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Herding Cats PDF Print E-mail
Written by Stacy Mantle   
Saturday, 05 December 2009 03:05

A few years ago, my husband and I got a new dog. We obtained this puppy, whom we christened “Cheiss,” through a series of serendipitous events – more specifically when Sam, my husband, accidentally ran over the little guy with his car.

Now, it’s not that we make a habit of running puppies down with our car. We generally obtain our pets through traditional methods, namely through adoption or rescue (but not a rescue that was caused by us).

This event was unusual to say the least, and occurred when the puppy bolted across six lanes of traffic, moving at roughly 45 mph,and darted directly under Sam’s vehicle. So, the running over part was a bit inevitable.

(There is an argument that Cheiss threw himself under the car because on some level, he knew his situation couldn’t get much worse and in the process won the equivalent of the doggy lottery, but we’ll never know for sure…)

Needless to say, my husband was devastated. And so, he frantically called me from his cell phone after the young pup miraculously scampered off from his 45-mph collision and disappeared into the nearby desert.

"I can’t find him anywhere," Sam frantically reported. "Come help me look for him!"

As the accident had occurred on a six-lane road, near the freeway off-ramp, in the wild deserts of Arizona, we had a fairly large search area. But luck was with us that day, and we located not only the puppy, but also his homeless owners and two doggie brothers who were all living out of shopping carts on the Indian reservation.

Cheiss had fallen into a nearby canal as his homeless owners passively sat nearby, watching him struggle to get out of the water with countless injuries.

"My husband just ran over your dog." I shouted in their direction as I ran towards the struggling pup, being the first to arrive on the scene. "We need to get him to a vet."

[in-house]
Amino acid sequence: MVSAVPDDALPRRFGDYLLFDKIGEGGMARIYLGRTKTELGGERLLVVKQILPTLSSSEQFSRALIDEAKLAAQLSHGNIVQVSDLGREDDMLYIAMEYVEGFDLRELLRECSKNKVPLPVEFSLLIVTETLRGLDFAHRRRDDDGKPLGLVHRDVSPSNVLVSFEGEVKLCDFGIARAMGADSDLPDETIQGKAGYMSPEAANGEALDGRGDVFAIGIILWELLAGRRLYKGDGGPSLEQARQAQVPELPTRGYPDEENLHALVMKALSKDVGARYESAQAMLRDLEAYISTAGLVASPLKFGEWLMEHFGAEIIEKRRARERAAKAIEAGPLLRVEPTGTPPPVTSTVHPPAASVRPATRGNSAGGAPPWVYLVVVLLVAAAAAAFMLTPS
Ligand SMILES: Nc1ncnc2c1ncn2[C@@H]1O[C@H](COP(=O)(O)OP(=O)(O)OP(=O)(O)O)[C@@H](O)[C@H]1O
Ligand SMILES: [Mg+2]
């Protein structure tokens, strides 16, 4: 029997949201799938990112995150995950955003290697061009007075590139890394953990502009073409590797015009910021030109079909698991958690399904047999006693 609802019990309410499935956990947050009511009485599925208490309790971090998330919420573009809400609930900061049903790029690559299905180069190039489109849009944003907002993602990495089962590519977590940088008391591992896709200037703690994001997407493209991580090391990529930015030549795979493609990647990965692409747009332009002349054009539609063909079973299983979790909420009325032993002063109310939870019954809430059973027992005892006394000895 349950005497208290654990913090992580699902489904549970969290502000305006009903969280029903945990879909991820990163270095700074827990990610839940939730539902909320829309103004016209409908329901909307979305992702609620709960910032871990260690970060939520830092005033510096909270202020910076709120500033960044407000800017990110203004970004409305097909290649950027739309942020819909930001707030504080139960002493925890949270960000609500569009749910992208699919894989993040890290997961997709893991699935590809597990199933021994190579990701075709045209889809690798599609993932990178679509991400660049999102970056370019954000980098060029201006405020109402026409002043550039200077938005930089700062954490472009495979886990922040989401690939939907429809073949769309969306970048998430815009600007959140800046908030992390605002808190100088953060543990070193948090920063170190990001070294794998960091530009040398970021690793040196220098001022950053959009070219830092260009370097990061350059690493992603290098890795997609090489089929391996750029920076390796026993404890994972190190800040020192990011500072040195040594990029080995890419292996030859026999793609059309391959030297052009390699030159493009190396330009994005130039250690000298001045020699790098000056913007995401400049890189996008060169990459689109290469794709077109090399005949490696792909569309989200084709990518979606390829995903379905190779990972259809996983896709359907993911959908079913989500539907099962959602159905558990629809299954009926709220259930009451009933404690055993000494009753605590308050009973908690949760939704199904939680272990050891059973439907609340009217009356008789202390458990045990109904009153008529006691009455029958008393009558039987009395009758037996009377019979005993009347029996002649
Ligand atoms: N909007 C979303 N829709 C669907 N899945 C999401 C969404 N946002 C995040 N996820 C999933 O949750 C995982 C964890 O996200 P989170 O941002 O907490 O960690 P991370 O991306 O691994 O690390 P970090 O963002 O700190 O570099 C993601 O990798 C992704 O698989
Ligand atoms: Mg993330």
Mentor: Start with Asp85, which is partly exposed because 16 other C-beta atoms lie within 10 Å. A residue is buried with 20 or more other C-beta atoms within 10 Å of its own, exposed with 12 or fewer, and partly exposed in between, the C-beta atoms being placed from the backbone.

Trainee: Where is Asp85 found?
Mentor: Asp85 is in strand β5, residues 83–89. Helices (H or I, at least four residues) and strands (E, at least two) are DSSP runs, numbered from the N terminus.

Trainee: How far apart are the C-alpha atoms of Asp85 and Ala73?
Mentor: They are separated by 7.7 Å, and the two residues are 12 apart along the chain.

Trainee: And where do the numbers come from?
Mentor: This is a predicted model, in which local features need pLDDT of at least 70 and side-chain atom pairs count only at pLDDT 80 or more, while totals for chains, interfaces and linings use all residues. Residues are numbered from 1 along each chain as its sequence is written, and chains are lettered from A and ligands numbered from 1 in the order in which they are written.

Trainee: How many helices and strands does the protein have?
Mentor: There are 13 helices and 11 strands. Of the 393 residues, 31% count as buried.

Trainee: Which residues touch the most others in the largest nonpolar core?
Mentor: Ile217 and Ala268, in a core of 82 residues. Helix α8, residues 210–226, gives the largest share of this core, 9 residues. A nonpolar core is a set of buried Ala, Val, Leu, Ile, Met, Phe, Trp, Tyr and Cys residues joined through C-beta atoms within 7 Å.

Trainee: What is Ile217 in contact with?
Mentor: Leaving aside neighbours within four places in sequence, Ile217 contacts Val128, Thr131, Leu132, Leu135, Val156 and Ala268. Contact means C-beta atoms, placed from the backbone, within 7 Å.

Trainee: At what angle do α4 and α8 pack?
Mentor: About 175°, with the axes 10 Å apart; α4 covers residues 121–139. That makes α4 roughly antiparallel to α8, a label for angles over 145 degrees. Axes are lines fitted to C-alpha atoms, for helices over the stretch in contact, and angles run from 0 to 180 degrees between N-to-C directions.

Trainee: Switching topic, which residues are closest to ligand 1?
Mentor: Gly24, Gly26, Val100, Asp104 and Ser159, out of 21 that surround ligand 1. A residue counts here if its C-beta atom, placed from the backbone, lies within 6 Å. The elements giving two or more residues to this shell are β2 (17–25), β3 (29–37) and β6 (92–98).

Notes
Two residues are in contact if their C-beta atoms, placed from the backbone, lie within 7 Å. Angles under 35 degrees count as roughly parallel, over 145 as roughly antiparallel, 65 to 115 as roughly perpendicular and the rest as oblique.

They simply nodded and replied rather coldly. "We know – we saw him get hit."

In disbelief, I shook my head and told them that we were taking their pup to the veterinarian. But they were in no hurry to help and instead stood by passively watching as Sam wrestled their frightened pup out of the canal.

Finally, in desperation I yelled at the passive group. "Either you can help us catch him, or I can call the cops and they can help us."  Cops apparently got their attention, and they finally assisted my husband in fishing the injured pup from the canal.

The young dog was in shock, that much was obvious. I mean, he had just been struck by a vehicle and drug fifty feet, which is enough to throw anyone into shock. So we rushed him to the nearest veterinarian’s office that, by good fortune, was the same veterinarian who cared for all of our animals. The good-natured doc shook his head, figuring that we had just found the dog lying on the side of the road and spent a few minutes chastising the irresponsible driver who had left a young animal in such pain. Finally, he looked up and asked if we had seen the accident.

I glanced at Sam who was by now feeling wretched and mumbled, “I was the accident."

Dr. Florez hastily mumbled an apology, and proceeded to tell us that he saw a precious few people who brought in a dog they had run over, then remained willing to pay for it’s care – a statement that saddened us even more. He continued the examination a bit more consoled that there was indeed good in the world, and identified the dog as a “chow mix,” estimating his age to be about 4 months.

We spent the afternoon anxiously awaiting the x-rays, blood-work, and exam results. When the call came finally came in, the diagnosis was poor, but our veterinarian remained optimistic.